Veteran-Owned Small Business (VOSB). Means a small business that: (i) is at least 51% unconditionally owned by one or more veterans (as defined at 38 U.S.C. 101(2)); or in the case of any publicly owned business, at least 51% of the stock of which is unconditionally owned by one or more veterans; and (ii) whose management and daily business operations are controlled by one or more veterans.
Women Business Enterprise (WBE). A women-owned business is at least 51 percent or more owned by a woman (or women), who is a U.S. citizen, and who controls the firm by exercising the power to make policy decisions and operates the business by being actively involved in day-to-day management.
Acceptable Diversity Certifications
MSHS encourages Diverse Suppliers to obtain independent third-party certification. Certification is the process by which organizations verify that businesses meet the criteria of ownership, control, and management to qualify as a Small, Minority, Women, Veteran, LGBTQ, and/or Disabled Individual-Owned Business Enterprise. Our suggested certification agencies are as follows:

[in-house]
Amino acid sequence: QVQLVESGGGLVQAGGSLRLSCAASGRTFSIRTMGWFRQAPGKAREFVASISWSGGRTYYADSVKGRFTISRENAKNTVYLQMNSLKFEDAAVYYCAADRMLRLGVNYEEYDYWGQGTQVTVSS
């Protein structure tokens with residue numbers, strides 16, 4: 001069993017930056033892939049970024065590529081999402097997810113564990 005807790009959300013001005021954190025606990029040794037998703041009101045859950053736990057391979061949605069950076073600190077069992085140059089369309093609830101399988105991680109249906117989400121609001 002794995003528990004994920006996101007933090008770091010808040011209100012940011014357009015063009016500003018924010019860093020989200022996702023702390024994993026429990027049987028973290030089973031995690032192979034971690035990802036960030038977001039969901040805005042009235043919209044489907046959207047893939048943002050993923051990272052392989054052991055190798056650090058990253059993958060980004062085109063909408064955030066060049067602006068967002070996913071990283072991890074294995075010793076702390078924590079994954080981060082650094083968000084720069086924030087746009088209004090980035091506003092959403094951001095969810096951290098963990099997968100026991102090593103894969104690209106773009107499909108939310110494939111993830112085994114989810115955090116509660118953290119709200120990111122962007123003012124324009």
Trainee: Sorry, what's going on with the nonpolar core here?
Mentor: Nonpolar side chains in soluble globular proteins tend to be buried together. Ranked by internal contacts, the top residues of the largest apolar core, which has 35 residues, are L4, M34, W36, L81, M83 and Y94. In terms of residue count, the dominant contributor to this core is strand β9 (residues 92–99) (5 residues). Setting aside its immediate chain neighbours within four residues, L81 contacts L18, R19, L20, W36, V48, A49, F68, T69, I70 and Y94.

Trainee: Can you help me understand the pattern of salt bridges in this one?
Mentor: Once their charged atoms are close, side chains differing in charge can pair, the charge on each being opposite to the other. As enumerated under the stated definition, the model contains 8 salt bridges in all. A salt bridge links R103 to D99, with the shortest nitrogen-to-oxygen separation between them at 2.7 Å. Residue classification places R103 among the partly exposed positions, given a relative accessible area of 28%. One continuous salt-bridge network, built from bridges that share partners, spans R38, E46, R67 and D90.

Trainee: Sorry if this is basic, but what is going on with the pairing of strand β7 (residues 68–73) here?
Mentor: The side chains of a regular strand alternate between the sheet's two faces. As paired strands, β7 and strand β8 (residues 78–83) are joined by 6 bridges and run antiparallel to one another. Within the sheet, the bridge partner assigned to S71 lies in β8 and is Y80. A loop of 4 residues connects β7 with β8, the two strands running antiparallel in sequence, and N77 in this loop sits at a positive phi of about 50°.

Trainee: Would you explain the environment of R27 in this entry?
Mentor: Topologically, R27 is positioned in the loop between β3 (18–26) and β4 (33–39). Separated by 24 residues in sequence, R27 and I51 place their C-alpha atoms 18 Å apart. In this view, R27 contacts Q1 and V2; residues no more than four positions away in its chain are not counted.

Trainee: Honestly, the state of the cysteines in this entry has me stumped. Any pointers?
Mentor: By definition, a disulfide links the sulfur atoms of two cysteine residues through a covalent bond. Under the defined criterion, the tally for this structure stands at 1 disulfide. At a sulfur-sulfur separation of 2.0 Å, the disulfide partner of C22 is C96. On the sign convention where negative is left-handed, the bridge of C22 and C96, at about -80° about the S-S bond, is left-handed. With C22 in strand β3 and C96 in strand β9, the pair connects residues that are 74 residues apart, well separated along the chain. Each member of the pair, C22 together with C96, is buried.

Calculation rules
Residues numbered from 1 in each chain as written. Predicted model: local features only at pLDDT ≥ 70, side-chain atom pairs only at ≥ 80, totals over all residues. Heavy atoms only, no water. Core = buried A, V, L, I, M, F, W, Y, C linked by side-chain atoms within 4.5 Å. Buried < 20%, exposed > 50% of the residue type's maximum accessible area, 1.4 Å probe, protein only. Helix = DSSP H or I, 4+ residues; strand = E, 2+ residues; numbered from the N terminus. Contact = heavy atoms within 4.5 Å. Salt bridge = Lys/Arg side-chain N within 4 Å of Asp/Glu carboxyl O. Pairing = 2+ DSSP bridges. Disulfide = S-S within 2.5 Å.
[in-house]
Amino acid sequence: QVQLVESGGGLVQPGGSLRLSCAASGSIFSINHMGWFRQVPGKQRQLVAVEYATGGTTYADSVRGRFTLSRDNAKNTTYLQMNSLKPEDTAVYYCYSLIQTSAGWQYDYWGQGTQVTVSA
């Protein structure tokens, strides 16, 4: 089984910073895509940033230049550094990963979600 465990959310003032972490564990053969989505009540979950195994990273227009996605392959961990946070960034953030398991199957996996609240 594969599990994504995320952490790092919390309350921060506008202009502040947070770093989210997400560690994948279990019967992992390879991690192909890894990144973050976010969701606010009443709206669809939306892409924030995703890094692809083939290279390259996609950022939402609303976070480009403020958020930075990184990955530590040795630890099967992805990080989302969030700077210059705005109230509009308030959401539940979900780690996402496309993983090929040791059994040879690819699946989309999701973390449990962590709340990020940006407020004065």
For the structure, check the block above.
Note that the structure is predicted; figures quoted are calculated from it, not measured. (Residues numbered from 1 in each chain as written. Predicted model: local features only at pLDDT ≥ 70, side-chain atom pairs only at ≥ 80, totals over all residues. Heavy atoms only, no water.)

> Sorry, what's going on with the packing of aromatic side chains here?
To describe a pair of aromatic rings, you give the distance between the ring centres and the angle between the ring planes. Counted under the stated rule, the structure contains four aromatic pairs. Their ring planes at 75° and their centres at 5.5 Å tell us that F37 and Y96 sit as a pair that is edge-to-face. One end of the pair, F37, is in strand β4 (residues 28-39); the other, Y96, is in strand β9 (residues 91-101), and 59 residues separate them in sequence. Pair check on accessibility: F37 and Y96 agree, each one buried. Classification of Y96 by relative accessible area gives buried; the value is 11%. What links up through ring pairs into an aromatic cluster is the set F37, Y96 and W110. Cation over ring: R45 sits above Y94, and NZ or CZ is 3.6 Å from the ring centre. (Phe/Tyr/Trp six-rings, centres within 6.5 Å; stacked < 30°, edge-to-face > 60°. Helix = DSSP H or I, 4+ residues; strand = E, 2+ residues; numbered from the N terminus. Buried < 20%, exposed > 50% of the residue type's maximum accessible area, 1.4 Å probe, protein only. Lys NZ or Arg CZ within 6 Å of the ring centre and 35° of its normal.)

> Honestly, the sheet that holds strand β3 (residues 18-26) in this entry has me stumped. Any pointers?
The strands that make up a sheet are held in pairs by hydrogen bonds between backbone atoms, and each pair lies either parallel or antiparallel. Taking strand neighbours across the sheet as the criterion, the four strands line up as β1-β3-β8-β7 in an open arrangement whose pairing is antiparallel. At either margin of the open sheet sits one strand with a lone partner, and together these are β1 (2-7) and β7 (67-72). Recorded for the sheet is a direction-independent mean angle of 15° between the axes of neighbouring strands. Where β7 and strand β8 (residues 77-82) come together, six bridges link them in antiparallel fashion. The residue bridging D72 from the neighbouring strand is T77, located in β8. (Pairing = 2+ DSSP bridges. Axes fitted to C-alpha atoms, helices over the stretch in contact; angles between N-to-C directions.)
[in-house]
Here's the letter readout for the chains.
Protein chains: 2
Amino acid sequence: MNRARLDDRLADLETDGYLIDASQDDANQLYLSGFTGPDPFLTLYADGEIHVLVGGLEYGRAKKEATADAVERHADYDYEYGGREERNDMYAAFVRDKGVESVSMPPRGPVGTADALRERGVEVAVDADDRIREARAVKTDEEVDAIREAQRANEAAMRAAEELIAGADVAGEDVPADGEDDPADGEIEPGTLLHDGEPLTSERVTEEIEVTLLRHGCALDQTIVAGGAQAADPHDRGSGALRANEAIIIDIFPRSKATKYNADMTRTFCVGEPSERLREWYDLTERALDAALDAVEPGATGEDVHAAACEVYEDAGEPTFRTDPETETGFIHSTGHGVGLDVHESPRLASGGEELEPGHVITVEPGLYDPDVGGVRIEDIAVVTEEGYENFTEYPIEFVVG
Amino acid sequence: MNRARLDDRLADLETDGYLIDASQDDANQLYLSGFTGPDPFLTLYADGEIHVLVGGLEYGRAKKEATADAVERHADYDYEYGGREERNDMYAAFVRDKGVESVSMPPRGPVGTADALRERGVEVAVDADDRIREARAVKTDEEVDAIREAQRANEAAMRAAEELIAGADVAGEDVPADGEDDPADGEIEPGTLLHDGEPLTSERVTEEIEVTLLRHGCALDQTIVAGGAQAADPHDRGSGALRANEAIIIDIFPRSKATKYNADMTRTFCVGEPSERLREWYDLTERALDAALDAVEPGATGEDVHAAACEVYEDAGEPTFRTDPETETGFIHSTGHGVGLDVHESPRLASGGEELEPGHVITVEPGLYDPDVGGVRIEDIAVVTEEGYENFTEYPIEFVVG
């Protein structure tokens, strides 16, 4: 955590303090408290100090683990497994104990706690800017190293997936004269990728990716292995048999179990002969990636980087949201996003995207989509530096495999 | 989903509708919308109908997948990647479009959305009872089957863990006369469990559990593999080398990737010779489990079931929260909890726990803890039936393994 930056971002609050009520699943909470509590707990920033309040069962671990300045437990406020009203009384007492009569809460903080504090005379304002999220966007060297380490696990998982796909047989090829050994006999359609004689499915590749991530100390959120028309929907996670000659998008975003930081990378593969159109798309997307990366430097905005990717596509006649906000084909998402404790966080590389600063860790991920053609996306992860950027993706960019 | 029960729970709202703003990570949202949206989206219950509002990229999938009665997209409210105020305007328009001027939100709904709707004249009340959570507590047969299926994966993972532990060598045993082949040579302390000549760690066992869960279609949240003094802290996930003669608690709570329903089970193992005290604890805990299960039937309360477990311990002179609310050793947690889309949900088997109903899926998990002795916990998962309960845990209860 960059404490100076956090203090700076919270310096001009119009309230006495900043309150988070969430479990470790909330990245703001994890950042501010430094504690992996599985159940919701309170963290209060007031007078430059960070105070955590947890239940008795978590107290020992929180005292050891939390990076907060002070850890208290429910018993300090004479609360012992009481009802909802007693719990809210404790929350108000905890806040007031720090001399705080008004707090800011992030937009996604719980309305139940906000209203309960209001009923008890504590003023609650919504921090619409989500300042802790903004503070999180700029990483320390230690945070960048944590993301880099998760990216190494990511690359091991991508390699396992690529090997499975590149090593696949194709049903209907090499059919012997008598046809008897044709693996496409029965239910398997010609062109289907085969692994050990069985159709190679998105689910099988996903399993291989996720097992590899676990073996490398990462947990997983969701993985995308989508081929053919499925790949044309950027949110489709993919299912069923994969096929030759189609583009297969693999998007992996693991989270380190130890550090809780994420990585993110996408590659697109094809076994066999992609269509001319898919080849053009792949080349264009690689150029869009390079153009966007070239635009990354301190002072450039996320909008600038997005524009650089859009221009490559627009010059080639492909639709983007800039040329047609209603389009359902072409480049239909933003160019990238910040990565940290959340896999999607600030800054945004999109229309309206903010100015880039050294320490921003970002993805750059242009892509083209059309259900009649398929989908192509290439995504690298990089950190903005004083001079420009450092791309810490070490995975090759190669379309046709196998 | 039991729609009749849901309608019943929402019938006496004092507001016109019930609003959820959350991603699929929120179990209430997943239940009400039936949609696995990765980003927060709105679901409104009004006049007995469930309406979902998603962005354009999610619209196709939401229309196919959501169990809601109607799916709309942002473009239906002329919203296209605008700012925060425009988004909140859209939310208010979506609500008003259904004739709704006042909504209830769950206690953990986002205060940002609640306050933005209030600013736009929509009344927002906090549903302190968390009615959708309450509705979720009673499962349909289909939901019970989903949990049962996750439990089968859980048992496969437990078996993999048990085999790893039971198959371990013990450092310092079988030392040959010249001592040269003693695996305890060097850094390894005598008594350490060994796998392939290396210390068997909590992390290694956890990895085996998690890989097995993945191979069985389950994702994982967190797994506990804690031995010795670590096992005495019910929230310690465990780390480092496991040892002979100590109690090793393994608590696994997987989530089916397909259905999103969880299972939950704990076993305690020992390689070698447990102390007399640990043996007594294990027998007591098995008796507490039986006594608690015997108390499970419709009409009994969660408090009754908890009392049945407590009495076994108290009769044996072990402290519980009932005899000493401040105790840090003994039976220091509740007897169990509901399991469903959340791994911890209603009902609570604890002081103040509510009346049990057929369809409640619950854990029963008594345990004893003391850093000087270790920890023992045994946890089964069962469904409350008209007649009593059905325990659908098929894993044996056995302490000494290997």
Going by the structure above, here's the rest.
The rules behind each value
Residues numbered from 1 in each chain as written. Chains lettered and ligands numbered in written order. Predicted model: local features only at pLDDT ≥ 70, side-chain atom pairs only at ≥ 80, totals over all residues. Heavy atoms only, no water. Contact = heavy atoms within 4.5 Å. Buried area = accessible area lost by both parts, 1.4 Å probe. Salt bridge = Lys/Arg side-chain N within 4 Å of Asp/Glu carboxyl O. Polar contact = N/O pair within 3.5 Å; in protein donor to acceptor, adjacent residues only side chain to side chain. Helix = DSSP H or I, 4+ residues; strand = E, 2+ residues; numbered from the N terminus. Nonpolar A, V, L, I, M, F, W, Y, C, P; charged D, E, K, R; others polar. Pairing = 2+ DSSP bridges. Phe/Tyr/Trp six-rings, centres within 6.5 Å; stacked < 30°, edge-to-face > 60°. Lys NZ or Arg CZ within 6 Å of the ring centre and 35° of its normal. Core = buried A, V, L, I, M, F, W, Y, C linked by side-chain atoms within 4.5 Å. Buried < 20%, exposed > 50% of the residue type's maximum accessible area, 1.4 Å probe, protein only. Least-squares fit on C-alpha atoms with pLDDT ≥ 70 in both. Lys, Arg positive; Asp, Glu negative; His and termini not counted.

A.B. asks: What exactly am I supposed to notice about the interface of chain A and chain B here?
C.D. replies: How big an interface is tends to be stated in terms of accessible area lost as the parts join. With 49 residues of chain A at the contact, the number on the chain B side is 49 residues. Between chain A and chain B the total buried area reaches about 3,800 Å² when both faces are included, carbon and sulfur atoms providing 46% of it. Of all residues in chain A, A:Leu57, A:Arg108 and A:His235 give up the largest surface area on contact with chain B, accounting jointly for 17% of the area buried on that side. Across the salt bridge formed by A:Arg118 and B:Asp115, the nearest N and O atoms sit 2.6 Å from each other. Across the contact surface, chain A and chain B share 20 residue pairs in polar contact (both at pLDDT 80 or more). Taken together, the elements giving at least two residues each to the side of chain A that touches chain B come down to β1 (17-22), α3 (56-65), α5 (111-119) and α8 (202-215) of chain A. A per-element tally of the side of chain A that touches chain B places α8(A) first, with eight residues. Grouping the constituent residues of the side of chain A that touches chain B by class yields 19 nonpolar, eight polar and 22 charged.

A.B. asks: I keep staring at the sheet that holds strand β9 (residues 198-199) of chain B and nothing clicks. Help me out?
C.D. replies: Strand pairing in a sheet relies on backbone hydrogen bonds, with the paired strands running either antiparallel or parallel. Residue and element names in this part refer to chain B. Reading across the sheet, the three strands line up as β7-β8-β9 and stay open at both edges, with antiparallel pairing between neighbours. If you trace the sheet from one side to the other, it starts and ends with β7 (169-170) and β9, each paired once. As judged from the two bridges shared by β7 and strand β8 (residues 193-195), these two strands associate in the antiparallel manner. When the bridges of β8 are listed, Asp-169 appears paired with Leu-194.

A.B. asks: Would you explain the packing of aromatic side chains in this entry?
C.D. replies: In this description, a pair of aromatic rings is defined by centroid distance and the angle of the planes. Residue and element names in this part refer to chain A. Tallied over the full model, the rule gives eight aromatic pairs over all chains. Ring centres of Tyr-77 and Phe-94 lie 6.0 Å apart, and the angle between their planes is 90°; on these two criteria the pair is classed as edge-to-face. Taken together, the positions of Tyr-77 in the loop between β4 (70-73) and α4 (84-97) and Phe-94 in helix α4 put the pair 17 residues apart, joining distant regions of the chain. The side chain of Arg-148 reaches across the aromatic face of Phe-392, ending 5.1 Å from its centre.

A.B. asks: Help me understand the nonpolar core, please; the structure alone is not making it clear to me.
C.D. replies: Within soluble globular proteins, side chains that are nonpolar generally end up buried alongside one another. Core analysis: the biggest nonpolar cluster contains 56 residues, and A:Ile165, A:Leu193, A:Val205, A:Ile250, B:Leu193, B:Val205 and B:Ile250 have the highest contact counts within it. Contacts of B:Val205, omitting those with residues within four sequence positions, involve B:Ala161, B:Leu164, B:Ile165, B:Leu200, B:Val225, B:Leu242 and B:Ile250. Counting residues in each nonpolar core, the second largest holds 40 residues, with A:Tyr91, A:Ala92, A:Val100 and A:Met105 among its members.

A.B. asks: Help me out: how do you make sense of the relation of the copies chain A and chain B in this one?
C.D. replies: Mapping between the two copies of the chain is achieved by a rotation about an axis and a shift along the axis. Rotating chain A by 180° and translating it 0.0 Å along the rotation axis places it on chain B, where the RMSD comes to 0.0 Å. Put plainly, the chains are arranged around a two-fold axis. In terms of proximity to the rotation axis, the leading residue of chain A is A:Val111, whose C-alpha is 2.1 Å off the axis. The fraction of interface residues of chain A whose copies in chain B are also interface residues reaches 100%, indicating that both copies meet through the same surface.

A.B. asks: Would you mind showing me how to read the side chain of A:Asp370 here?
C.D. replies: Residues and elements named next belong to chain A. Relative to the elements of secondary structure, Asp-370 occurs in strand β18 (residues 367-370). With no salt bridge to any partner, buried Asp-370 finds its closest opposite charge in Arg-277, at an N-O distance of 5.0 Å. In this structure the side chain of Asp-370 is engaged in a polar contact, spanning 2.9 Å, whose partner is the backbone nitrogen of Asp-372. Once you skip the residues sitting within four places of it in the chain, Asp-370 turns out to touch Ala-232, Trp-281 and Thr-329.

Mount Sinai Health System requires that all suppliers doing business with our organization register their company information in the Vendormate system. Appropriately managing our supplier relationships is an essential part of providing world-class care to our patients and our community.
All vendor companies that have a medical, pharmaceutical, device, or other clinically related representative who visits any MSHS facility are required to have their representative register through the "vendor representatives" portal. Vendor representatives will be required to sign in and obtain a badge at the time of your visit.
We want to ensure that our vendor/supplier relationships remain productive and mutually beneficial. Thank you in advance for your support and adherence to our vendor program. If you have any questions, please contact Vendormate at 888-476-0377 or online if you have any questions.
Vendor Policy – Policy on Interactions with Vendors and Other Commercial Entities
Vendor Credentialing Service